Take the 2-minute tour ×
Super User is a question and answer site for computer enthusiasts and power users. It's 100% free, no registration required.

This is a problem that hard to describe (and of course hard to search for answer), the closest that I found is Moving two existing already-synced directory trees to git annex

I have two copies of my document text files, one on a desktop Linux machine, one on a laptop. Previously, I run rsync periodically to keep these files in sync both ways. I'd now like to move management of this problem to git, but was wondering what the cleanest way to start would be.

I've put files on my desktop into a remote git server, following the instructions on the web. That was fine. Now the problem to me is on the laptop side. I.e., I already have a half synced files and folders on my laptop, and I don't think the commonly suggested git clone would be the proper answer to my situation, would it?

Say that the files and folders on my laptop are already out of sync with my desktop's, both ways. What would the proper steps to get my document text files back in sync using git with my already-setup remote git repo?

share|improve this question
    
I'd suggest using unison: it is specifically designed for two-way (or multi-host) synchronization. –  eldering Aug 13 '13 at 9:01
    
Thanks, the unison is actually what I've been using, but now prefer git. –  xpt Aug 13 '13 at 13:39

3 Answers 3

up vote 1 down vote accepted

See the answer as to why using git for syncing isn't a good idea.

Here is a test case that shows how to sync git with two already populated directories.

cd /tmp
mkdir foo
cd foo
git init
echo "hello" > README.md
git add .
git commit -m "initial commit"
git remote add origin git@github.com:<myUser>/test.git
git push -u origin master

At this point I have a local git repo which is synchronized with my git server. I will now create a new copy of the REDME.md file as if it had been rsyn-ed to another machine

cd /tmp
mkdir bar
cd bar
git init
echo "hello" > README.md
git add .
git commit -m "initial commit"
git remote add origin git@github.com:<myUser>/test.git
git push -u origin master

Because bar is behind master, I am unable to push.

To git@github.com:<myUser>/test.git
 ! [rejected]        master -> master (non-fast-forward)
error: failed to push some refs to 'git@github.com:<myUser>/test.git'
hint: Updates were rejected because the tip of your current branch is behind
hint: its remote counterpart. Merge the remote changes (e.g. 'git pull')
hint: before pushing again.
hint: See the 'Note about fast-forwards' in 'git push --help' for details.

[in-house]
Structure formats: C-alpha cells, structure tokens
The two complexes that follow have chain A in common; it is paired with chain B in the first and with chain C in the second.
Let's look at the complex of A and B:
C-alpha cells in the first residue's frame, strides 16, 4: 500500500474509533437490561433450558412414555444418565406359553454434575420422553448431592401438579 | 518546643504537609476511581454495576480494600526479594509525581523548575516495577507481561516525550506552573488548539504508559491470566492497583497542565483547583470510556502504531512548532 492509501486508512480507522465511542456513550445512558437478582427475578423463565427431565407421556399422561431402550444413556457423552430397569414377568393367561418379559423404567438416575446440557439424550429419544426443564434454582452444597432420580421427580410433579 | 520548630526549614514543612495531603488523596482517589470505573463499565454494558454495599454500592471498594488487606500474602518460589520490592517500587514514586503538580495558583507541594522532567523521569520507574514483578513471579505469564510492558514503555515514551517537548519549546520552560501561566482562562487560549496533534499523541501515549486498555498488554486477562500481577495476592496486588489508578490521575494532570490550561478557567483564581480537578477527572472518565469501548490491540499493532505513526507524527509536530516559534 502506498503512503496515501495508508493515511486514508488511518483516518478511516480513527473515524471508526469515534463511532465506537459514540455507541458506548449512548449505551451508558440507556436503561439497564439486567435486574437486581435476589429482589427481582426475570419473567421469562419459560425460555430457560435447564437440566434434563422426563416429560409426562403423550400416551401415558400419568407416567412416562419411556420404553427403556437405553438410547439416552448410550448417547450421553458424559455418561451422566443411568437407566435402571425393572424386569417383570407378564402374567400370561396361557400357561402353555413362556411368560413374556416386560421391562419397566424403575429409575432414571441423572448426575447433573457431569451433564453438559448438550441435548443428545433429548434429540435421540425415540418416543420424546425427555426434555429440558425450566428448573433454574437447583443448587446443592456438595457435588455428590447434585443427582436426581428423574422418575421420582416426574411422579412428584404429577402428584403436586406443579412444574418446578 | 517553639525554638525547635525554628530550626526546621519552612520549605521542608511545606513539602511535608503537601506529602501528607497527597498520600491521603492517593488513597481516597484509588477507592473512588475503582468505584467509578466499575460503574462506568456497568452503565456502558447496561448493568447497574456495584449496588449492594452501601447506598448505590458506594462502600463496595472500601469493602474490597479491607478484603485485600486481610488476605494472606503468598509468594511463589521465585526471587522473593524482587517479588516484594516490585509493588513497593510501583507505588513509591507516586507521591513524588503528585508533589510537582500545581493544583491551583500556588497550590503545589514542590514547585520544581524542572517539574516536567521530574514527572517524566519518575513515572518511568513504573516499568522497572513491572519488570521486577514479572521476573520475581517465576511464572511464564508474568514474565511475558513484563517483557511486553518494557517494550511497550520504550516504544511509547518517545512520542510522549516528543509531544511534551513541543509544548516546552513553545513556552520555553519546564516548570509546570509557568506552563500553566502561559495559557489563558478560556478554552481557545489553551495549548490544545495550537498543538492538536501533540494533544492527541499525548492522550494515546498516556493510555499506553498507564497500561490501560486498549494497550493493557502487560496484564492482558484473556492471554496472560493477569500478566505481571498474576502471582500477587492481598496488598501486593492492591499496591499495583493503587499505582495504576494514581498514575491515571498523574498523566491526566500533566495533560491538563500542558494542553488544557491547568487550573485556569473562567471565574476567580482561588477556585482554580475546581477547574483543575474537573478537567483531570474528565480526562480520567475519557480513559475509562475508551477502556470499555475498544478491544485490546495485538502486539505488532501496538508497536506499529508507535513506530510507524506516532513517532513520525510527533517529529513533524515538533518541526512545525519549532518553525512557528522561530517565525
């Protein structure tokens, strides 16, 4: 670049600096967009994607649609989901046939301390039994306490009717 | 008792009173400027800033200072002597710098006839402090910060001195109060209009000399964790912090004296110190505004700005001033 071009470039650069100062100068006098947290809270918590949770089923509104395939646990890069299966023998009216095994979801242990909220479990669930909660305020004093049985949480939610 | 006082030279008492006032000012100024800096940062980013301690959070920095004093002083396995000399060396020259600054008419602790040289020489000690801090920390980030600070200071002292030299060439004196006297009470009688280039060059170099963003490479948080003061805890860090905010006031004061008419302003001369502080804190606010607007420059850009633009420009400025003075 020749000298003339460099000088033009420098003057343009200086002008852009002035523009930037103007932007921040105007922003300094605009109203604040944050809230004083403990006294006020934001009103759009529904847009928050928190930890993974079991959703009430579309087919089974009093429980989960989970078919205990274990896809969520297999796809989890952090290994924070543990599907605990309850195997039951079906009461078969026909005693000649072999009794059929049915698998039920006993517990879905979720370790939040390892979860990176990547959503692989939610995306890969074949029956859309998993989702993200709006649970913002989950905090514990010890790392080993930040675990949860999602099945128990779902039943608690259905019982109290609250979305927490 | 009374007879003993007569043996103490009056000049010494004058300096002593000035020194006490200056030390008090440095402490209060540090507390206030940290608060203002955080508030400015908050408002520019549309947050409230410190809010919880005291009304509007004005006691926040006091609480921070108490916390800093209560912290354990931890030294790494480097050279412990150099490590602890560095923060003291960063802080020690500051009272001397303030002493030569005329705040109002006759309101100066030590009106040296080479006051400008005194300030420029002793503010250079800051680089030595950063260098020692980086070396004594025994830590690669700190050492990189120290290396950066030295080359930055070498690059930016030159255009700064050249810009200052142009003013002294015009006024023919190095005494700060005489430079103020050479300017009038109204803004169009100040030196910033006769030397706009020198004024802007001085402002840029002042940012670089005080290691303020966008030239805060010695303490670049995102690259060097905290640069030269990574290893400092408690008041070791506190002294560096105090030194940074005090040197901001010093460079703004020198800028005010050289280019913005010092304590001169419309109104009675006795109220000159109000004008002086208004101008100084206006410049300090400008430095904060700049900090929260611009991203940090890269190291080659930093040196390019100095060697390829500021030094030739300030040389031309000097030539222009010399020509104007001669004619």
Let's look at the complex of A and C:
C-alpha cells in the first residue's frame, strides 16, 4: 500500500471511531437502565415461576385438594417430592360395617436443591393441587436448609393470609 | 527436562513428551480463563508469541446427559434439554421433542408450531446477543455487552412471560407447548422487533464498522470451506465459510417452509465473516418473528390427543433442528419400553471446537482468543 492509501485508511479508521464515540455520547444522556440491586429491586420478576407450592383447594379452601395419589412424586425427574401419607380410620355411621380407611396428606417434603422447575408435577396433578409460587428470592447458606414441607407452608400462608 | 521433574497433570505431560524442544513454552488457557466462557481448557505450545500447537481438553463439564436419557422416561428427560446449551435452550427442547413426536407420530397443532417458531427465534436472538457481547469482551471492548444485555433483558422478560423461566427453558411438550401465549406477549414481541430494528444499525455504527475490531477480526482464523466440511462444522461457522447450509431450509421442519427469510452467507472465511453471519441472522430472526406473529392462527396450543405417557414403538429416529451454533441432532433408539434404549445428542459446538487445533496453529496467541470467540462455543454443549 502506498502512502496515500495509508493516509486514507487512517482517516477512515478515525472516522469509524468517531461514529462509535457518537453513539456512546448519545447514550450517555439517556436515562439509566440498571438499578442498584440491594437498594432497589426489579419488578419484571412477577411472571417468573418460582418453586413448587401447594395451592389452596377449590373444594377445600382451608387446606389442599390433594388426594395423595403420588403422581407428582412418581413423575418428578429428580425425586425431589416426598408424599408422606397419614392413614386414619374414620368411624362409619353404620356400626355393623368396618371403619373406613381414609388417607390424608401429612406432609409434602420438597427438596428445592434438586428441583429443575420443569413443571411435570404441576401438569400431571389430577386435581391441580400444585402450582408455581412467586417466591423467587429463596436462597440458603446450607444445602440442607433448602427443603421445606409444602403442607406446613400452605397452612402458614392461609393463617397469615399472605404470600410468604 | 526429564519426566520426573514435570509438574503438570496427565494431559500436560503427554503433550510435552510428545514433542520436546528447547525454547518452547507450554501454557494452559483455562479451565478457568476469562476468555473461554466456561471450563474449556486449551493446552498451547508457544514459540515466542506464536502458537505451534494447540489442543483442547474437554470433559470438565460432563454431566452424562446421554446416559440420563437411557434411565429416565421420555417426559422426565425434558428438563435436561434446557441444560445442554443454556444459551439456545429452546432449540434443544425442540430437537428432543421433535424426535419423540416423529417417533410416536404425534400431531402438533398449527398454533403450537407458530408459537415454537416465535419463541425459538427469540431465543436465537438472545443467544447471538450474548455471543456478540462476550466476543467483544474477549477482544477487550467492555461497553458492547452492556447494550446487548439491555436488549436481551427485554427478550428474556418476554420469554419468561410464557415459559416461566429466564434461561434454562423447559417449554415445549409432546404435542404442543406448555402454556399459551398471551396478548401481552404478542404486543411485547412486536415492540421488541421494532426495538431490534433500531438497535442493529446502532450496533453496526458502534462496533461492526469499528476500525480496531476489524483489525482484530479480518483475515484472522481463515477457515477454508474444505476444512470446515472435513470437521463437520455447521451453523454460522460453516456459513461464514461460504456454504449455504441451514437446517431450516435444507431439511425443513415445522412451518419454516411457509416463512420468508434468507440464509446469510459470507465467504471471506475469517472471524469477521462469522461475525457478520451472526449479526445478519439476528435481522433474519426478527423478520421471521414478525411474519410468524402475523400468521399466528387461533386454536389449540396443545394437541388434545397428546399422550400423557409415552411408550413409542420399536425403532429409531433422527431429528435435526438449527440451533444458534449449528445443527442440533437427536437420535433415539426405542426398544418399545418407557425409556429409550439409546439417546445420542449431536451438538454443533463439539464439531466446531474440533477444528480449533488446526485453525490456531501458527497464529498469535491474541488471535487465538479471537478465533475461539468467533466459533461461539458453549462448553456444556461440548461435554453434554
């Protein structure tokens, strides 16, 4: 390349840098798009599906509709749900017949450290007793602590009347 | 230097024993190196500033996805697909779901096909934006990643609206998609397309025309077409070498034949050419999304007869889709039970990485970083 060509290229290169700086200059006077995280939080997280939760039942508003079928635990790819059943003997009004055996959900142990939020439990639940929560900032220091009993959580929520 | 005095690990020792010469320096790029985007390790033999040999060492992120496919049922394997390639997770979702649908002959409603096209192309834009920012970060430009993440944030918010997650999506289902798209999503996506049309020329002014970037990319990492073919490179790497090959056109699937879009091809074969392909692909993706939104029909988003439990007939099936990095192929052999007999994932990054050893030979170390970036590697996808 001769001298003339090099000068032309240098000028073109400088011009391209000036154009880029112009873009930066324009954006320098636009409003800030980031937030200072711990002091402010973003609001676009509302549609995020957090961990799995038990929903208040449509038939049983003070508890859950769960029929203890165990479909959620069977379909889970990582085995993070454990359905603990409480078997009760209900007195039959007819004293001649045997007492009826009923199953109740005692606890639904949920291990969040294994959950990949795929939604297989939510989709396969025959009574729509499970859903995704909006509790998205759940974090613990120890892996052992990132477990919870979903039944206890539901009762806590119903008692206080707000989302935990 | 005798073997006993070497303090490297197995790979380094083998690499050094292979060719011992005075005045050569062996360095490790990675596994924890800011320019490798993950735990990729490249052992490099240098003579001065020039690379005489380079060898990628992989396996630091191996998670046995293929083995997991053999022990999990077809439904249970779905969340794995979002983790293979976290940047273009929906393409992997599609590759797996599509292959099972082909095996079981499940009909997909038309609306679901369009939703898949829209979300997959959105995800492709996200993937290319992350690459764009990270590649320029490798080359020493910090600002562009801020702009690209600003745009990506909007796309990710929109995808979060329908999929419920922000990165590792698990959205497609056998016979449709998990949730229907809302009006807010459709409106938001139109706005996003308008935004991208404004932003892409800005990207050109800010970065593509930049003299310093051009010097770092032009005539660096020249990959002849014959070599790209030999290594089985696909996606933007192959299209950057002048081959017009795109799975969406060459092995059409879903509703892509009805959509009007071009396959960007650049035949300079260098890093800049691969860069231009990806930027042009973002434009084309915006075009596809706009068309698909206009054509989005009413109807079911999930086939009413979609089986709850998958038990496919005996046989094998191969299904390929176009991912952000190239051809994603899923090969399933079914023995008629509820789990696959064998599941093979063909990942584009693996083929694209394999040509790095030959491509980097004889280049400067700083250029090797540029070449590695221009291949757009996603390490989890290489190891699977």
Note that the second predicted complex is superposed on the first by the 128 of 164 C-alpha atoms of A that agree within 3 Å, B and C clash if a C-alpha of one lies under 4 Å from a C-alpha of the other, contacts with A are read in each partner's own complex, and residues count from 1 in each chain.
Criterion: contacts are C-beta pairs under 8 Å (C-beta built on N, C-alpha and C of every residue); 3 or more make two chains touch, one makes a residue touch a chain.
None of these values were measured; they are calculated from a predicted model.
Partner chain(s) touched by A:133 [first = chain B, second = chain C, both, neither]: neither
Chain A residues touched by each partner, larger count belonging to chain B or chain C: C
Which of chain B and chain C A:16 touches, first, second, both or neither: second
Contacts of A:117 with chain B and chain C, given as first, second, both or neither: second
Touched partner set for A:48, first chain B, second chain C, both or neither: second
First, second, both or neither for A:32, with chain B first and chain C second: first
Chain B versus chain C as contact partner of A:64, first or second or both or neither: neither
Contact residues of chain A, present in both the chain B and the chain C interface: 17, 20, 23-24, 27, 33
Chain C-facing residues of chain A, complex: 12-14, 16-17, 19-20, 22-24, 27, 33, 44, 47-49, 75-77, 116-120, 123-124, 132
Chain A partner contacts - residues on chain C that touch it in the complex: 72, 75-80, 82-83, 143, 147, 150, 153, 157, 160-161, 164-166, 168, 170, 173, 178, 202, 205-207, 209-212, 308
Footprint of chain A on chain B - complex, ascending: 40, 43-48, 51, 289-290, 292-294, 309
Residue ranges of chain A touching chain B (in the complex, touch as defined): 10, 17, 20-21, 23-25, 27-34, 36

I tried doing a git pull. Git merged the repo's but did not download the file, because it already exists locally.

git pull origin master From github.com:/test * branch
master -> FETCH_HEAD Merge made by the 'recursive' strategy.

You must also always remember to do a git pull before changing any files on each system, otherwise you will get conflicts that need to be resolved.

share|improve this answer
    
I was trying to avoid using git pull to pull in everything since I've already get most of them in sync. If the latest updated version is always on one side (i.e., not on both), do I still need this approach? If there are updates happened to the same file on both side, wouldn't I have to resolve the conflicts any way? –  xpt Aug 12 '13 at 4:04
    
@xpt Git only sync's files that have changed between local and origin. I just ran a test to prove this. I am going to modify my answer. –  spuder Aug 12 '13 at 4:21

You can git clone to your laptop, then copy the existing files in your laptop over the working copy. You'll then can composed a merged file by checking the diffs, possibly restoring the deleted lines that you want to keep.

share|improve this answer

It does seem like using git as a synchronization mediator would be the perfect solution. I would recommend you steer clear from using git as a synchronization tool for the following reasons.

Git was not ever intended to work in this way.

Git performs slowly with large files (2)

Git does not sync empty folders

Git does not track file system metadata

Git does not track other git projects (any folder with a .git folder inside it)

A quote from githubs website

Though it sounds like Git would make an amazing backup tool, Git really doesn't work out well for backups over the long term

https://help.github.com/articles/what-is-my-disk-quota

If you've ever worked with a repo that has thousands of commits, git gets very slow. Dropbox or rsync are going to be the better tool for the job.

share|improve this answer

Your Answer

 
discard

By posting your answer, you agree to the privacy policy and terms of service.

Not the answer you're looking for? Browse other questions tagged or ask your own question.